Daily Archives: September 10, 2012

Native or Introduced Grass — Which Pasture Is Most Efficient for Stocker Operators?

Native or Introduced Grass — Which Pasture Is Most Efficient for Stocker Operators?

Lorie Woodward Cantu

The Cattleman

The "sweet spot" for marketing cattle to feedlots changes depending on the price of corn.

"When corn goes up, the cost of gain in feedlots goes up," says Dr. Jason P. Banta, Extension beef cattle specialist at the Texas A&M Agri-Life Extension Center in Overton. "To help control that cost, feedlots seek larger animals that require less time on feed to finish out."

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Making they most of nutrition dollars is not simple

Making they most of nutrition dollars is not simple

Stephen B. Blezinger, PhD, PAS

Cattle Today

In the previous installment of this series we discussed the fact that feed and grain costs continue to climb and are reaching unprecedented levels. While there MAY be some hope in easing of these prices IF the current crop proves better than cop reports over the last few weeks there is still a great deal of uncertainty in what feed and grain prices will be over the coming fall and winter.

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Seminars Tell How To Cut Winter Feeding Costs

Seminars Tell How To Cut Winter Feeding Costs

Hay and Forage Grower

Southern Idaho cattle producers facing higher feed costs after losing winter range to fire and drought can get winter feeding tips at four University of Idaho Extension seminars next month.

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U.S. awards more than $18 million in training grants

U.S. awards more than $18 million in training grants

Reading Eagle

U.S. Agriculture Secretary Tom Vilsack announced more than $18 million in grants to train and aid beginner farmers and ranchers.

The National Institute of Food and Agriculture awarded the grants through its Beginning Farmer and Rancher Development Program. Grants are given to organizations that carry out education, training, technical assistance and outreach programs to help farmers and ranchers with 10 years or less experience.

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Cattle followed Opelousas trail

Cattle followed Opelousas trail

Jim Bradshaw

Zachary Today

In the movies, John Wayne and his cohorts drove their cattle to Dodge City and other western points, but until the 1880s, huge herds of cattle were also driven across south Louisiana on their way to market in New Orleans.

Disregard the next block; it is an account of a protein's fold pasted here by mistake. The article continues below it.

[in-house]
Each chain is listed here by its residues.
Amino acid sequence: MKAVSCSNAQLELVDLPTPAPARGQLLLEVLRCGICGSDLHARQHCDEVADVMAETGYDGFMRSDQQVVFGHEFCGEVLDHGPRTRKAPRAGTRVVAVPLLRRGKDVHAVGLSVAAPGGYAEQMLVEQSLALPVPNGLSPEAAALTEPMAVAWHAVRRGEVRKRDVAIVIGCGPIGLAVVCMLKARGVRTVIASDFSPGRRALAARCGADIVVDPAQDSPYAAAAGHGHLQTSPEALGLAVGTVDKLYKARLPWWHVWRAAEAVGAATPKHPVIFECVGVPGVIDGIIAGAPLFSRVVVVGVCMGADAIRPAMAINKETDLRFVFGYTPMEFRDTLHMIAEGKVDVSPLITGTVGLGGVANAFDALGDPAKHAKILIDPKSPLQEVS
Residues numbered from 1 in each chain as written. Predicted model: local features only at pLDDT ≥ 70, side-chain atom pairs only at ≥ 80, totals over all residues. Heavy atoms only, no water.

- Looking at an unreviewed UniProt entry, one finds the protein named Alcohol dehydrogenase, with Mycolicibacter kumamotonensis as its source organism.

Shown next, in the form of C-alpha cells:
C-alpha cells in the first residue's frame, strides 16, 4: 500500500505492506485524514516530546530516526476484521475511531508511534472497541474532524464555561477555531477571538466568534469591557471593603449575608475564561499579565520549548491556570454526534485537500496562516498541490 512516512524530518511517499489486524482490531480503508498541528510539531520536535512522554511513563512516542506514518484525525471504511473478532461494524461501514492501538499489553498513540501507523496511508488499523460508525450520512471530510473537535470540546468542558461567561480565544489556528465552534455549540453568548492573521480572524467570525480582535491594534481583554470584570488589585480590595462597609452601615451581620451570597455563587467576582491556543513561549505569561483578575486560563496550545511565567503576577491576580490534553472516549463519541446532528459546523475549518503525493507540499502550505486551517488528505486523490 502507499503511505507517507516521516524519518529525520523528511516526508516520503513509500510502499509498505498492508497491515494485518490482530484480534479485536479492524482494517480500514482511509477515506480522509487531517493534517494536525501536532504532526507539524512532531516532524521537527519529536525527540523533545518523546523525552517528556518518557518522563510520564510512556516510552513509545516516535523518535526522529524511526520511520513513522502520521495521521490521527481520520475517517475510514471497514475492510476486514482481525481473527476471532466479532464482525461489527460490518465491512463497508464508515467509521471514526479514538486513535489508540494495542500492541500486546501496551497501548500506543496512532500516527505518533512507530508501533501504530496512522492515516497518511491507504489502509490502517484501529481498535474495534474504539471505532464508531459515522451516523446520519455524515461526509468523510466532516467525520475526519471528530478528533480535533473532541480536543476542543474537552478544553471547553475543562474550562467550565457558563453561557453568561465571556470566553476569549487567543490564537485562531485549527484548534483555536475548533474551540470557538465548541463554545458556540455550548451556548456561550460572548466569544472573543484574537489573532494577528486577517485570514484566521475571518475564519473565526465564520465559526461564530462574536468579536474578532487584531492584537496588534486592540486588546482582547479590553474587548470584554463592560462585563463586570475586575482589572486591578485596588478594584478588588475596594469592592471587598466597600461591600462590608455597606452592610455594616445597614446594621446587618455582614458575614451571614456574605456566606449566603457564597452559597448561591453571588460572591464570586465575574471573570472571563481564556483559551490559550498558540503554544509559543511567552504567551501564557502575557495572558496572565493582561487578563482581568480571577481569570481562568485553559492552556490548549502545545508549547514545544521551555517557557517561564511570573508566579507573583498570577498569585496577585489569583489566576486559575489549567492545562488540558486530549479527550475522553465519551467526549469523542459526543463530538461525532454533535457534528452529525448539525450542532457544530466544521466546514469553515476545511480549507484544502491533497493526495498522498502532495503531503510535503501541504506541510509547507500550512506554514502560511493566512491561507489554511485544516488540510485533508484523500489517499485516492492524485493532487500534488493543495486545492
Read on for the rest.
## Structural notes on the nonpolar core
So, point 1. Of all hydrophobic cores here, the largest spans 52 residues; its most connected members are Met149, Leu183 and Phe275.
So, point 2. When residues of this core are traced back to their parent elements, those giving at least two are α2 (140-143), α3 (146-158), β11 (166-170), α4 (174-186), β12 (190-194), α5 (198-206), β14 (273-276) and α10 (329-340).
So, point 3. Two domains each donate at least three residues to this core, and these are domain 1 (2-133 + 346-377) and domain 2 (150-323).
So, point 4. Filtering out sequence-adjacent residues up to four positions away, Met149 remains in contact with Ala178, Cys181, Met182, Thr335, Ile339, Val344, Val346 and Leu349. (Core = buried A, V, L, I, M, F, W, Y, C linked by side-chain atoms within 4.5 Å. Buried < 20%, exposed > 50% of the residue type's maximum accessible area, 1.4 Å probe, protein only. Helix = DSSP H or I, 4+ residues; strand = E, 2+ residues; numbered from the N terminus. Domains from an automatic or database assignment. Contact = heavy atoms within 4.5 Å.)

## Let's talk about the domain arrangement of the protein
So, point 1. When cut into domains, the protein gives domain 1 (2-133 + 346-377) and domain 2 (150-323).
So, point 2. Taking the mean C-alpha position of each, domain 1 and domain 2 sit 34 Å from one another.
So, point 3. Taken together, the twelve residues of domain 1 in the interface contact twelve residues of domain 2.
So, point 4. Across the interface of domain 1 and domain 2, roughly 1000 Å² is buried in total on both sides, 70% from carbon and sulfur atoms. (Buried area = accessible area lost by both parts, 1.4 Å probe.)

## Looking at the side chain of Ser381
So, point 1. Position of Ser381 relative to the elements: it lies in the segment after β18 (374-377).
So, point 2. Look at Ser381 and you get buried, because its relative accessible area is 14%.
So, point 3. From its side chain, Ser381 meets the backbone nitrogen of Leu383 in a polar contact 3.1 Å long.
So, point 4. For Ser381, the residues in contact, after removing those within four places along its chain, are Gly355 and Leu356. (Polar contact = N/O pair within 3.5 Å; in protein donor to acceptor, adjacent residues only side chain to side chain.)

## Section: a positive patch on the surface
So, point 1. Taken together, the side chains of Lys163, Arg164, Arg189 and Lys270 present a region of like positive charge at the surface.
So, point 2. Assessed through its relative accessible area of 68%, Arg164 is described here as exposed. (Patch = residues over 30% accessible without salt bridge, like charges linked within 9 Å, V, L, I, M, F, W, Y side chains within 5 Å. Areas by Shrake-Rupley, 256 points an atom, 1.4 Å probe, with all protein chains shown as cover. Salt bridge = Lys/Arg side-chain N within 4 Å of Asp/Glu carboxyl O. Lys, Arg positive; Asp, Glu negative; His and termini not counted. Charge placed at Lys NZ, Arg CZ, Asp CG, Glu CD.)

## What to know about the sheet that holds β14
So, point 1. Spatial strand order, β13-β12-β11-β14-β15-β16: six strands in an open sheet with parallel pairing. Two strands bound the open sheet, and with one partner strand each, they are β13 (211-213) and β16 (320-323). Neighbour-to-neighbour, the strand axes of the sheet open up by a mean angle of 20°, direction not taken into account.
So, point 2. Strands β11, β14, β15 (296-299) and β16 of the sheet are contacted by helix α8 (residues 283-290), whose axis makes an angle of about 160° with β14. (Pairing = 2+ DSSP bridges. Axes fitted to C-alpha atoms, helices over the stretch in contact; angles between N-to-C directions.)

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Orderly system benefits farmers

Orderly system benefits farmers

David Burton

The Springfield News Leader

University of Missouri Extension specialists are always looking for a teachable moment. Several of those moments came during the “Drought Survival Tour” led by MU Extension in August at a farm in Barry County.

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Raising versus purchasing replacement heifers

Raising versus purchasing replacement heifers

Chad Gulley

Tyler Paper

As we begin rebuilding the cow herd following the 2011 drought, some producers are raising replacement heifers while others choose to purchase replacement heifers.

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Beef biz better off without big government

Beef biz better off without big government

Rep. Allen West (R-Fla.)

The National Provisioner

When my friends in Washington, D.C., ask me about Florida, like many people outside the state, they often think of Florida only for its sunshine and beaches. Many of them are surprised to hear that Florida is also home to some of the largest cattle ranches in the country.

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Tennessee Forage and Grassland Council to feature Allen in November

Tennessee Forage and Grassland Council to feature Allen in November

Rusty Evans

The Leaf Chronicle

The Tennessee Forage and Grassland Council will hold its annual meeting and trade show on Friday, Nov. 2, at the Ellington Agricultural Center’s Ed Jones Auditorium in Nashville. This year’s featured speaker is Huntland producer Vivian Allen, who also holds the title of professor emeritus at Texas Tech University.

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Cull Now-Restock Carefully

Cull Now-Restock Carefully

Wes Ishmael


“…Cull cow prices are high and many of these cows are in better condition now than they will be in the late winter or spring,” says Dave Sparks,  Oklahoma State University (OSU), Extension DVM, and J.J. Jones, OSU Extension ag economist.

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